The crux of the matter as I see it is that all things that can un-equalise human wealth are in themselves a form of wealth, ie. greater ability, greater propensity to work and save, or greater endowments. If you "equalise wealth" and then people's incomes start to diverge then pretty much by definition you haven't equalised all wealth, just some of it.

As for practical consequences, suppose you equalise all material wealth (ie. not capabilities). I would say that savings would plummet so much of the capital stock could no longer be maintained. The effect on labour supply is more ambiguous; some people would supply more labour with their independent incomes gone, others would supply less for the opposite reason. However I'll say here that on aggregate, labour supply would increase. Incomes would start to diverge again as a result of different capabilities and luck. This would allow savings to restart.

Ultimately I would say you would have a distribution much like we have now, but with a "lost generation" or two with lower output. The distribution would be more equal overall but of course you would still have destitute people and plenty of people who were just getting by.

Henry Crun said...

If all the worldly wealth was divided equally among the inhabitants of the planet, we'd all be left with less than a quid each.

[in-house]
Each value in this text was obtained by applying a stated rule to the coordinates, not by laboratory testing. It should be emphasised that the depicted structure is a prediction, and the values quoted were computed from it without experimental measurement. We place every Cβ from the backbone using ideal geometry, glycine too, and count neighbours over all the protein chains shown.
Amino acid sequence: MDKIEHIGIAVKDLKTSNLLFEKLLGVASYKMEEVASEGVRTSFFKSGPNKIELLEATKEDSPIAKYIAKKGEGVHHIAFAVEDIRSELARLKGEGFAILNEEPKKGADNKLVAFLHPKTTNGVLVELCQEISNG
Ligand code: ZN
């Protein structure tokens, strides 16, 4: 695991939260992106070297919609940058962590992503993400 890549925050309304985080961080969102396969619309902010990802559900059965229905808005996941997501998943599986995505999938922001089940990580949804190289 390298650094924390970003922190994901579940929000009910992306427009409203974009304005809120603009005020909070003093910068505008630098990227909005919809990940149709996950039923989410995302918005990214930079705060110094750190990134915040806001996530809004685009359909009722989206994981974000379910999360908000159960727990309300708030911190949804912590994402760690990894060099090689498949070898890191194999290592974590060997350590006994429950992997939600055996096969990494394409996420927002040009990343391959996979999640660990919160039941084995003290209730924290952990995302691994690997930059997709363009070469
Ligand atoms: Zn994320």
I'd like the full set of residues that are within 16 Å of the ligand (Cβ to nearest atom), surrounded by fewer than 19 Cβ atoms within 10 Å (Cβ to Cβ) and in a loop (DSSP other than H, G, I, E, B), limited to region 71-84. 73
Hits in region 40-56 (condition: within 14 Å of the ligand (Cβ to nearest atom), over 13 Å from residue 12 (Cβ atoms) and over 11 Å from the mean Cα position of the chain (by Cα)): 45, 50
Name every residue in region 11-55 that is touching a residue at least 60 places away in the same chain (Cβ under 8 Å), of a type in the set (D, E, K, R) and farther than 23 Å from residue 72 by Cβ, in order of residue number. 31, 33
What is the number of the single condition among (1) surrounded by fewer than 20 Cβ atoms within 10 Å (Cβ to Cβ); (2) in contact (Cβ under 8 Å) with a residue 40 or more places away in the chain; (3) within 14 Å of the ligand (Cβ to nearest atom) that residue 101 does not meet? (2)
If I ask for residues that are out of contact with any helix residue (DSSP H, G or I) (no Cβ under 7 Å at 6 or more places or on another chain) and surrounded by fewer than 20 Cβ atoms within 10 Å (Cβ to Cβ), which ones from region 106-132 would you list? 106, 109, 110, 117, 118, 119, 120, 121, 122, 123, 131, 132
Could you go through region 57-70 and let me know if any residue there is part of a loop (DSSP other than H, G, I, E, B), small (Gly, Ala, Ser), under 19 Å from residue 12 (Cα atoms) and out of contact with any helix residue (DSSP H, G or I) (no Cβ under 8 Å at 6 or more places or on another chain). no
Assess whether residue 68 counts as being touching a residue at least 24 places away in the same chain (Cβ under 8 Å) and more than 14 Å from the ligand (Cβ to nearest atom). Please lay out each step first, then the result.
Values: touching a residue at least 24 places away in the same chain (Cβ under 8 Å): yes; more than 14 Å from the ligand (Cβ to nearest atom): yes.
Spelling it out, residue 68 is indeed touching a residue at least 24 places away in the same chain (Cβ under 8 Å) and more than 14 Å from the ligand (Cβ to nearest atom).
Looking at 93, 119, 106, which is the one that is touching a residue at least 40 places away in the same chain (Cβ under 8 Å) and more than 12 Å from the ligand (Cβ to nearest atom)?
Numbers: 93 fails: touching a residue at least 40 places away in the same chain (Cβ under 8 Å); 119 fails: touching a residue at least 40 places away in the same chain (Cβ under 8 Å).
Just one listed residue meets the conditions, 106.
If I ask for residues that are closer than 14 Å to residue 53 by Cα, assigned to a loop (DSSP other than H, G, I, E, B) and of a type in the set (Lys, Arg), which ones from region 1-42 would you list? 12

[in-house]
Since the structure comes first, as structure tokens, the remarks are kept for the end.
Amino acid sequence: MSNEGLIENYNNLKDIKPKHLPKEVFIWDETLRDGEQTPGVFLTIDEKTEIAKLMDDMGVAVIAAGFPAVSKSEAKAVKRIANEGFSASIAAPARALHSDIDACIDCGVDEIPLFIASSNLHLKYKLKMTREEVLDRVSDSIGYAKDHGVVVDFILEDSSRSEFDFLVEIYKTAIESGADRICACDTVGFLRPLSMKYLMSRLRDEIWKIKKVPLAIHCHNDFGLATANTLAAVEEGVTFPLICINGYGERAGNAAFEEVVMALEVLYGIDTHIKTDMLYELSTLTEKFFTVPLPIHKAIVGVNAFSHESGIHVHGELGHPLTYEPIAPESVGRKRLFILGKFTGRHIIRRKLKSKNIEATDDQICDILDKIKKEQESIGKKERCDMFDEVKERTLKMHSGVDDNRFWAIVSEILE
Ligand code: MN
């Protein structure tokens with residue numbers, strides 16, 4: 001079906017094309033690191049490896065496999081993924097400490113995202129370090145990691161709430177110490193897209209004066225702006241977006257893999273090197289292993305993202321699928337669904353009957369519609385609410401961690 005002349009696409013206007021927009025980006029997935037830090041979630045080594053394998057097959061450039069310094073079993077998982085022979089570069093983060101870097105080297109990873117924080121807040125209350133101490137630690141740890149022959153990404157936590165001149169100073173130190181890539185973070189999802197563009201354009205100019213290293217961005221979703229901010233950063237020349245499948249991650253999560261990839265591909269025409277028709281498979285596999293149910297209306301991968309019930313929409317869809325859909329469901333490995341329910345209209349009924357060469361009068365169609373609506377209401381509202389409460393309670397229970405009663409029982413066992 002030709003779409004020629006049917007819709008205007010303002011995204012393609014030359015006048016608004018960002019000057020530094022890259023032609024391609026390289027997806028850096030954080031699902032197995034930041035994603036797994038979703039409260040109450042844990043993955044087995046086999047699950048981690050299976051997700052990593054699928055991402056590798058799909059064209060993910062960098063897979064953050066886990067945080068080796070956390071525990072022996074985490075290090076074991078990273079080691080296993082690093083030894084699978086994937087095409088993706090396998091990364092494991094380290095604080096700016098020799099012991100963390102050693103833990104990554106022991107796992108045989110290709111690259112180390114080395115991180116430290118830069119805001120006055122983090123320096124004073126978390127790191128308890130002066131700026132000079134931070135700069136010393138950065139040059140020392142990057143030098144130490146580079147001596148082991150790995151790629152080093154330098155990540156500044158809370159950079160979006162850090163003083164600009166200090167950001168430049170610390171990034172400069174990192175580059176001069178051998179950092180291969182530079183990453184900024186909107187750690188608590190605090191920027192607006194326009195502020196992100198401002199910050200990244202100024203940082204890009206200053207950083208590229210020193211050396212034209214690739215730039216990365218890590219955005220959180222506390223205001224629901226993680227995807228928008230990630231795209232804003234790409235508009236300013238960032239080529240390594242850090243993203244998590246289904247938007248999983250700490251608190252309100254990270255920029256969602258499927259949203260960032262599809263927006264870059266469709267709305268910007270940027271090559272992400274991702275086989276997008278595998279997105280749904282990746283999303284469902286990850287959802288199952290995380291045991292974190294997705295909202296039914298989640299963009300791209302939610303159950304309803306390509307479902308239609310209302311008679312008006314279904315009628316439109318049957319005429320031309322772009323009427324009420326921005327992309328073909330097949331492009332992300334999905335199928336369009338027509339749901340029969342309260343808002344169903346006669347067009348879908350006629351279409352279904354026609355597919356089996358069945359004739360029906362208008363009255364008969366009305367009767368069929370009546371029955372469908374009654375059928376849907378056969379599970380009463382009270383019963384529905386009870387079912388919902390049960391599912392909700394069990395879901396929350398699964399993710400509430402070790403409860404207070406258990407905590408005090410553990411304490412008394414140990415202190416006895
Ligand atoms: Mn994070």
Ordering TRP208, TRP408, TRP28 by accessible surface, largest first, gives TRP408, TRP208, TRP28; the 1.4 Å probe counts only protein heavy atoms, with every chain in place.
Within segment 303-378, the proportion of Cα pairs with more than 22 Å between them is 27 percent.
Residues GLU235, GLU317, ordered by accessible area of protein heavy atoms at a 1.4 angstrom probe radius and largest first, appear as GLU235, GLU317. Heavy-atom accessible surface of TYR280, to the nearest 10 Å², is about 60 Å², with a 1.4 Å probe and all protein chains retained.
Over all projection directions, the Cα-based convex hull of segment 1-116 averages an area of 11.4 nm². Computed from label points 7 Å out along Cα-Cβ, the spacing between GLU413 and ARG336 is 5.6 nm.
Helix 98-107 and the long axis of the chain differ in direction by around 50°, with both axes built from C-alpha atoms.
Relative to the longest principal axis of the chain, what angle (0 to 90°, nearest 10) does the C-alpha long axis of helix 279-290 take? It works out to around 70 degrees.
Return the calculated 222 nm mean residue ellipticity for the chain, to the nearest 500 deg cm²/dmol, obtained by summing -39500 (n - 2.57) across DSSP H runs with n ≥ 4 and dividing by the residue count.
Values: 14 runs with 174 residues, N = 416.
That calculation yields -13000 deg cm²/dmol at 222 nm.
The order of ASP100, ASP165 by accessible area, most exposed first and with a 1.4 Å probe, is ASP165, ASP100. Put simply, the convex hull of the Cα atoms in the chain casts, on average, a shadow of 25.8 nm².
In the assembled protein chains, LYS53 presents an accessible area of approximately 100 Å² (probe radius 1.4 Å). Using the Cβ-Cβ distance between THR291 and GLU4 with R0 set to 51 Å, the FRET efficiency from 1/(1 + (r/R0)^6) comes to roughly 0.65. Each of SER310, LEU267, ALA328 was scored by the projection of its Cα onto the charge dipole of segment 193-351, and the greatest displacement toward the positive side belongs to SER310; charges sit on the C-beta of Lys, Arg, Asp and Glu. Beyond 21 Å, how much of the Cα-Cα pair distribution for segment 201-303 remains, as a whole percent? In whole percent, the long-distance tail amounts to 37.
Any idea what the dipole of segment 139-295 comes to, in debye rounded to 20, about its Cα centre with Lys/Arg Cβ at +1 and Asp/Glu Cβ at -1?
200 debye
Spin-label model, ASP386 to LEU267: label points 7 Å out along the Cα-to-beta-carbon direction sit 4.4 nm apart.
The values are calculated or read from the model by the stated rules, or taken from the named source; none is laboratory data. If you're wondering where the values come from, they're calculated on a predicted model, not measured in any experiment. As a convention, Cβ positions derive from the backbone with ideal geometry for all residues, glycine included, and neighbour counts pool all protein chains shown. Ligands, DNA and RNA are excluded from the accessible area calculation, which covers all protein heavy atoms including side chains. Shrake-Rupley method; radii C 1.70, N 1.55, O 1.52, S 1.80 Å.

Antisthenes said...

The answer is quite obvious from day one some would accumulate by enterprise by fair or foul means and grow richer while others would lose out and grow poorer and within a short space of time the distribution would return to where it was.

manwiddicombe said...

Interesting responses so far .... thanks for them .... I've added another 'assumption' to clarify that it's only financial/monetary/fiscal redistribution that I was toying with, not the human wealth you describe RA.

Simon Cooke said...

Might I focus on the inevitability of inequality...

Having redistributed the wealth under the concord, we witness a scramble as people seek to generate income from their new wealth - after all it's income rather than wealth that feeds us.

Some people with valuable skills find themselves being paid in parcels of wealth, other people develop financial products that lend against wealth while some owners simply cash in the wealth and go back to being renters.

In a relatively short while we will find that the wealth begins to concentrate - land ownership consolidates and the ownership of other assets accumulates to those with surplus income.

And if the world government spots this problem and redistributes say every 5 years the result will be a return to subsistance living.

Equality was always a nonsense

manwiddicombe said...

I don't disagree with any of the thoughts so far. I too think that financial wealth will re-accumulate with an ever reducing number of people.

After deciding that that was my answer I also started thinking about other effects. If every African has the same spending power as every European, for example, what impact would that have not just in financial terms?